For manuscripts created in Microsoft Word, Word has a tool to automatically create a linked table of contents within your document. However, it has not worked smoothly for me. As a matter of fact, some e-book publishers recommend against using Word’s automatic feature because it can cause issues when converting the file into e-book format. I have tried the automatic feature and it looked fine until the file was processed into an e-book, then some of the links no longer worked. I had to revise and re-upload my e-book file three times before I figured out that the manual links work best.

So, hoping to save other e-bookers the same frustrations, I have put together the following step-by-step method for creating a manual linked table of contents in your e-book. Several of these tips originated from the Smashwords publishing guide, and others came from bits and pieces of information I have learned from other e-book publishers, which I have written in the way that makes the most sense to me. Here are the steps:

Step 1: Create Your Contents List

If you haven’t already done so, type your Table of Contents list into your book’s manuscript file near the front of the book, listing the sections and chapter headings that you want to be bookmarked and linked in your book. For demonstration purposes, I’m going to use the following sample list:

TABLE OF CONTENTS
Prologue
Chapter One
Chapter Two
Epilogue

Step 2: Create Bookmarks for Items to be Linked

Once your contents list is in place, begin going through your manuscript and bookmarking each item that is in your contents list. Using the example above, you would first go to the Prologue. When you reach the beginning of the prologue section, highlight the heading, Prologue. Then, on the Microsoft Word tabs at the top of the page, select Insert, then Bookmark.


When you click on the Bookmark button, you will be prompted for the bookmark name.

Hint: You will make it easier on yourself later in the process if you name the bookmark exactly as the chapter heading, as one word with no spaces. For example, if you are bookmarking a chapter titled Chapter One, name the bookmark ChapterOne. Or if your chapter is titled On the Road Again, name the bookmark OntheRoadAgain.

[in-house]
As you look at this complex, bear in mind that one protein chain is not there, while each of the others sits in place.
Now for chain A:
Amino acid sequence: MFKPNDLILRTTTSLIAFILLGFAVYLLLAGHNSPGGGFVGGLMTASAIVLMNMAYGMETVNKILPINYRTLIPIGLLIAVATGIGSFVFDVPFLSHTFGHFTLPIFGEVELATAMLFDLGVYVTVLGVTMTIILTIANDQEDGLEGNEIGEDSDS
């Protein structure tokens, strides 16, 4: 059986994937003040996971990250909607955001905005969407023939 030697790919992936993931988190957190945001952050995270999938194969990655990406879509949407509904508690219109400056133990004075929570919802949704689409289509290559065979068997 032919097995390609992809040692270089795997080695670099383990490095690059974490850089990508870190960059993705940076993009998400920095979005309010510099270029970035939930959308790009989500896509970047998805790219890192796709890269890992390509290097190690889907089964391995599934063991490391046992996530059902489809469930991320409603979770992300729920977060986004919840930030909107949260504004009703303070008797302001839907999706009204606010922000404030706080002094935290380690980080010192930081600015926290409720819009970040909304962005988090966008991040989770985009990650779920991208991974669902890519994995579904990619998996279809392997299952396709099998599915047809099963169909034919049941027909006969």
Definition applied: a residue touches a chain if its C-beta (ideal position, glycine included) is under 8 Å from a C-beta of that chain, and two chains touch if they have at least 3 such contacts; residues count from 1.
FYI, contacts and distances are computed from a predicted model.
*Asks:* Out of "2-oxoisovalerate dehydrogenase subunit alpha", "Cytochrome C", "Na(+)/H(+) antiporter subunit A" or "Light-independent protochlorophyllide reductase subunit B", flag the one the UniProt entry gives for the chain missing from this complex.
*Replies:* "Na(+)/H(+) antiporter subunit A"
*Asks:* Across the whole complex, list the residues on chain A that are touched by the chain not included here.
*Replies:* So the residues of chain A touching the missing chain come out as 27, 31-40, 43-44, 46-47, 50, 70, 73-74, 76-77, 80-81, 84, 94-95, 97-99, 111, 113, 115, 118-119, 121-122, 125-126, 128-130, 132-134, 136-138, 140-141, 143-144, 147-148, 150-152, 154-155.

Once you name your bookmark, click Add, then go to the next chapter heading (Chapter One, Chapter Two, Epilogue, etc.) in your manuscript and bookmark it. Continue until all of the items that are listed in your table of contents are bookmarked within your manuscript.

Step 3: Create a Bookmark for your Contents Page

Return to your contents list at the front of the book. Highlight the heading for your contents, such as Table of Contents, or Contents, or whatever you call your contents list. As you did in Step 2, click Insert, Bookmark, and label this bookmark accordingly.

Step 4: Create Hyperlinks to Bookmarked Items

You now need to create hyperlinks to the items you just bookmarked so that a reader can click on a chapter heading in your contents list and be taken directly to that chapter in the book. In the contents list highlight the first item below the contents heading; in this case, Prologue, from our example above. Then, on the Microsoft Word tabs at the top of the page, select Insert, then Hyperlink.


When the Hyperlink menu comes up, click on the Place in This Document button on the left-hand side of the menu. (See below.) You should now see the bookmarks you made earlier listed in the main menu window. Now select Prologue and click OK. Repeat this process for each item in the Contents list.


 Step 5: Link back to the Table of Contents

To allow your readers to return to your Table of Contents from within your book, move through your manuscript and return to each bookmarked chapter heading. Highlight the heading, select Insert, Hyperlink, and Place in This Document on the menu. From the list of bookmarks showing in the main window of the menu, select your Table of Contents bookmark. Do this for every bookmarked heading through your manuscript, selecting the Table of Contents bookmark each time.

Step 6: Test Your Links

After completing Step 5, all of the headings in your contents list, as well as the chapter and section headings that you bookmarked in the manuscript, should appear blue and underlined.

Test your links by clicking (ctrl-click in Word 2007) on the chapter headings in your contents list to make sure they take you to the corresponding chapter heading within in the book. In turn, clicking on a chapter heading within in the book should take you back to the contents list at the front of the book.

If any are not working, check and revise.

DONE!

(Well, almost.)

Step 7: E-reader Internal Links

Now that you have created a hyperlinked table of contents for your e-book, there are two more small items you should consider doing.

Many e-readers have menus that allow a reader to go directly to an e-book’s table of contents, and to go directly to the beginning of the book where the reader can skip the front matter and begin reading. This is an internal function of some e-readers and you can make sure this option works correctly in your e-book by bookmarking those two places with the two codes the e-reading devices recognize:  toc (for the “go to the table of contents” function) and start (for the “go to the beginning of the book” function).